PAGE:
A former Director of Engineering at the Ghana Grid Company (GRIDCo), Ing. Norbert Anku, has said that the nation’s grid infrastructure is well structured to integrate nuclear energy once the power is generated.
According to him, electricity integration is one of the mandates of GRIDCo and enough technology is available to support the grid integrate electricity from any source into the system.
For him, plans to incorporate nuclear into the country’s energy mix must be accelerated as it is long overdue. He believes this move will go a long way to assure the nation of cheap and consistent power going into the future.
“Ghana’s grid infrastructure is one with the most robust systems and outlay. It was constructed with the future in mind and positioned to be able to absorb power from any source – be it solar, hydro, thermal or nuclear. From where I stand and from what I know about our grid, nuclear can easily absorbed by the grid,” he said.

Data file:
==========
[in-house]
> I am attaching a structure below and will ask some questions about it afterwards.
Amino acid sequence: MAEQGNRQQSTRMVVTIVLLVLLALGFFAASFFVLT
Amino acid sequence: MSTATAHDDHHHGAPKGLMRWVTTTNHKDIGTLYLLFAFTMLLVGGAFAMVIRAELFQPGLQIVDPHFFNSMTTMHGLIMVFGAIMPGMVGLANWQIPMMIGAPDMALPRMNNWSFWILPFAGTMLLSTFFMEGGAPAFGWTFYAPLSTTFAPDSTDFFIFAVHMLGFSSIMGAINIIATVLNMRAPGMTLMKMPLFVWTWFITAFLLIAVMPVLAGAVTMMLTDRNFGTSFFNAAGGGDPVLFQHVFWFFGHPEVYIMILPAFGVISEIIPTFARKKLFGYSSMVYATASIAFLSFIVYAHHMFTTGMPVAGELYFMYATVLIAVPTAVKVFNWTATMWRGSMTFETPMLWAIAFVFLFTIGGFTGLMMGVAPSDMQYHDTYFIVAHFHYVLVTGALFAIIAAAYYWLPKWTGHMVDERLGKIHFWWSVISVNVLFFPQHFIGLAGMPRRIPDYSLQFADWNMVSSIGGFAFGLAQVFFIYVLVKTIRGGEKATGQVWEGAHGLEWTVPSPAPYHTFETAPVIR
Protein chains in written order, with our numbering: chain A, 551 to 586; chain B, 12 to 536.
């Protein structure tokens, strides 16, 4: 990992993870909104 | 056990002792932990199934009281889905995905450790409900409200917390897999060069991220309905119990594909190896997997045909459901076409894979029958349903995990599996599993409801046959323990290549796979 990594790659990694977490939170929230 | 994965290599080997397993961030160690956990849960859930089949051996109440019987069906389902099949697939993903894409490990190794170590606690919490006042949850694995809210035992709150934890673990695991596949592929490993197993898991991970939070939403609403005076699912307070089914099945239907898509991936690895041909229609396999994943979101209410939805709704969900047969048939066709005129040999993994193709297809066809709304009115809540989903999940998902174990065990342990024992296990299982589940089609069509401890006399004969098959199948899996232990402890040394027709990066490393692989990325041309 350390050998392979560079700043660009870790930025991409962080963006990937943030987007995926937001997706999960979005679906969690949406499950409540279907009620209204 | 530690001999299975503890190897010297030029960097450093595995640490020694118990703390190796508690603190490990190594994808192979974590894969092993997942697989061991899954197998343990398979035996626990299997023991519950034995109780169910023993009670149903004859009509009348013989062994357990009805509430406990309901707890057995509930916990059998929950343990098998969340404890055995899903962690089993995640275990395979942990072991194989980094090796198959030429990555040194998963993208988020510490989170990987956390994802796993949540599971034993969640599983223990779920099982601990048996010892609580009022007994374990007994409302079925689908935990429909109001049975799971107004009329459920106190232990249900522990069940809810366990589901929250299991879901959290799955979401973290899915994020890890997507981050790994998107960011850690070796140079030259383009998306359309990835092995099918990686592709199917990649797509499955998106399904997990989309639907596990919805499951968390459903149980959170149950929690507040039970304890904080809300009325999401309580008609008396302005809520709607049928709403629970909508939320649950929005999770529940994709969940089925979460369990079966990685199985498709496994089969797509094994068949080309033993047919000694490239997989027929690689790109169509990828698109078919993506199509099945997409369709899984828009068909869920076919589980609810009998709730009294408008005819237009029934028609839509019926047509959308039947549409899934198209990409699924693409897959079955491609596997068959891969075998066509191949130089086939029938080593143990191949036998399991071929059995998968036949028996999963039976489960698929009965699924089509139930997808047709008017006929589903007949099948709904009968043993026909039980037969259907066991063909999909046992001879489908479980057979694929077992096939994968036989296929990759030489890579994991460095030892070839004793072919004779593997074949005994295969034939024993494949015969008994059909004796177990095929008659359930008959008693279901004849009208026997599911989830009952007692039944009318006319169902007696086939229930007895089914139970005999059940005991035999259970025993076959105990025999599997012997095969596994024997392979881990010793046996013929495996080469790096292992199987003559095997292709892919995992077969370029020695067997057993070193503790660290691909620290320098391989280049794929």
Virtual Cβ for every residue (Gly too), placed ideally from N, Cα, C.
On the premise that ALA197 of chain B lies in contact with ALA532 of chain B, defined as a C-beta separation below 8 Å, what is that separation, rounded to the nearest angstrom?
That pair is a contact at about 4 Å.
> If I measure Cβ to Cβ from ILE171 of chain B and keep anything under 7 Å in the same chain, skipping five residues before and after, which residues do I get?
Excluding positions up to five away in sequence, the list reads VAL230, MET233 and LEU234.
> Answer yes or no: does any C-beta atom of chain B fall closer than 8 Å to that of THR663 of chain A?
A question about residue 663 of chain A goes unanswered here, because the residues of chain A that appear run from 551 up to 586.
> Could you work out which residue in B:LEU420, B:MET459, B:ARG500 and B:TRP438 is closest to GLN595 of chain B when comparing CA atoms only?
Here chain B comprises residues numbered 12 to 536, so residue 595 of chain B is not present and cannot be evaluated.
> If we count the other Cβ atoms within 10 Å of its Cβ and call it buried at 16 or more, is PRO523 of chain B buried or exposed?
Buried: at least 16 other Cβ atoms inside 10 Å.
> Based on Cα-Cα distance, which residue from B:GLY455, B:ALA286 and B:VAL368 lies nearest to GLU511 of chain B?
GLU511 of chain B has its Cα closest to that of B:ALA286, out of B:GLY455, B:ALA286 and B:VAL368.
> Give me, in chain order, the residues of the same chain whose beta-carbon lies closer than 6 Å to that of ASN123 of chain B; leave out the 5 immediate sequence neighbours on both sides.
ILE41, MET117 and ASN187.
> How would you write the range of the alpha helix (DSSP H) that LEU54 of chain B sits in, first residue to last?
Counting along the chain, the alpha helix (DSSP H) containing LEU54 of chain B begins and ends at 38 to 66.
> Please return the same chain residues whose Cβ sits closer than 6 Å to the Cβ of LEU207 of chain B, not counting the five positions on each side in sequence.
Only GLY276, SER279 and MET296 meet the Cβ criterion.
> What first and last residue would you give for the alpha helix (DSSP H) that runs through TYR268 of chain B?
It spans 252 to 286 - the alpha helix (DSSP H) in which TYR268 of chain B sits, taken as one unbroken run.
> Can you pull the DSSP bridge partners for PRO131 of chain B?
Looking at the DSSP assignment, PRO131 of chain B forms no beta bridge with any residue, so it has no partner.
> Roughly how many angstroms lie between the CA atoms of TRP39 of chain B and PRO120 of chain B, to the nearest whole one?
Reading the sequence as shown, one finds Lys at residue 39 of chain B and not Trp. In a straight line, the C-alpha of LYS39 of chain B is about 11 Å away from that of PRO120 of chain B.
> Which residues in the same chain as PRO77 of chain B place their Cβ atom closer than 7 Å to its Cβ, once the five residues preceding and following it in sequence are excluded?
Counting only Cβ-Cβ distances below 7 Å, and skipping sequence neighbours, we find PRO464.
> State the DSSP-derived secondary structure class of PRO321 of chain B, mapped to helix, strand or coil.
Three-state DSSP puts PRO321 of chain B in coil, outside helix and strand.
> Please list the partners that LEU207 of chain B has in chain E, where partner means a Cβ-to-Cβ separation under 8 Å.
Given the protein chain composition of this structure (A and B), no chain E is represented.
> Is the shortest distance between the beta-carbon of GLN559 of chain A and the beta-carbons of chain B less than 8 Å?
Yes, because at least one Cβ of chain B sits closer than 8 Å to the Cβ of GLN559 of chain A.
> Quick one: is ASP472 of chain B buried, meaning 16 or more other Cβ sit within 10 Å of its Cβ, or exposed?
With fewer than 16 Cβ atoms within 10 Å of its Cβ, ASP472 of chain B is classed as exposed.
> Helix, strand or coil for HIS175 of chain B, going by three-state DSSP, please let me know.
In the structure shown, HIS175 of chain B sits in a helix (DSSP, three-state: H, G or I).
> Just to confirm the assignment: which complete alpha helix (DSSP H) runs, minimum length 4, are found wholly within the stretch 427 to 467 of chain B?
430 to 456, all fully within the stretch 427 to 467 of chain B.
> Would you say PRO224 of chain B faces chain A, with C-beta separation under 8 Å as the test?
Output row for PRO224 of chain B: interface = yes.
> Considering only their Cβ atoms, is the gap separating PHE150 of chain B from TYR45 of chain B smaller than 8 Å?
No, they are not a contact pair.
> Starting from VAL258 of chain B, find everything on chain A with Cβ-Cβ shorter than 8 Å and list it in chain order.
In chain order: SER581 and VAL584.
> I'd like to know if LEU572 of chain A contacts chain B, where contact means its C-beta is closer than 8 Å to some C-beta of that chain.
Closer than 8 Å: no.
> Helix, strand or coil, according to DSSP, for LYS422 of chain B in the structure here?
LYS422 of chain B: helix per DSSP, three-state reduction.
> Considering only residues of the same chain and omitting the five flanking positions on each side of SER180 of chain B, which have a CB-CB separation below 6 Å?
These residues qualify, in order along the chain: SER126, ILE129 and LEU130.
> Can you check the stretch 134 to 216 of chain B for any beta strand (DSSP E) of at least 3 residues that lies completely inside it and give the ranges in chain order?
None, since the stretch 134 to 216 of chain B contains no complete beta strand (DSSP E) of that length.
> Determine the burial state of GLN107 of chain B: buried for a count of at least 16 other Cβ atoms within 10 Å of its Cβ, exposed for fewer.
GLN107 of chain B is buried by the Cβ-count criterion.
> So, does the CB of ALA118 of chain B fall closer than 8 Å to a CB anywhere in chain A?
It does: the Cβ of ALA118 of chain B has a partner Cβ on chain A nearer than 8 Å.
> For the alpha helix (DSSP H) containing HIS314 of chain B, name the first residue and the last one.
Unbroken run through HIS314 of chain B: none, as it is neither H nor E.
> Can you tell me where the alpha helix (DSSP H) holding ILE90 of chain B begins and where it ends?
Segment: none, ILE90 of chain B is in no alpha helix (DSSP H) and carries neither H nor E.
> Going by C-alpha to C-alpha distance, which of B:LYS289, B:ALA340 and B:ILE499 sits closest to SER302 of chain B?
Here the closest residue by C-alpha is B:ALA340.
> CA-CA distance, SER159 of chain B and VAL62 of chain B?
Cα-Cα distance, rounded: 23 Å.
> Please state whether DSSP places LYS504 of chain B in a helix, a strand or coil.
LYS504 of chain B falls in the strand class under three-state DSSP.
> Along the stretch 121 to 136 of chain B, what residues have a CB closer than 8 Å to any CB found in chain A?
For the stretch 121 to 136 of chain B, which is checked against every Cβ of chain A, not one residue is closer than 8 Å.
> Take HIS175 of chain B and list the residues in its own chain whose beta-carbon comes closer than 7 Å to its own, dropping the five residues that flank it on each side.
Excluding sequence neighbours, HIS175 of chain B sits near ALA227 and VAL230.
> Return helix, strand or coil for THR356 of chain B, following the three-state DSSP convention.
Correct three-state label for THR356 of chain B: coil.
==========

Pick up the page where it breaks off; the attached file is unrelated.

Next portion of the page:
Nuclear is crucial to sustainable dev’t
To Ing. Anku, the time is now to secure sustainable power for industrialisation, and nuclear presents that option. “Now more than ever, the clarion call to industrialise is gaining momentum; and the best way to sustain this momentum is to get reliable power. And fortunately for us we have the opportunity to go nuclear, and the nation’s grid is strong enough to integrate the power and push it to industry for use,” Ing. Anku said.
He said that going nuclear is also “the only way to ensure low-priced power is served customers”.
Ghana’s current average tariff of 12.9 cents per kilowatt-hour for industrial consumers as of December 2020 is very high when compared with countries such as Zimbabwe, Tanzania, Malawi, Botswana, DR Congo, Mozambique, Zambia, Ethiopia – which all had cost of power at less than 10 cents per kilowatt-hour as at 2016. Worthy of note is that Ethiopia, as at 2016, charged 2.4 cents per kilowatt-hour for consumers.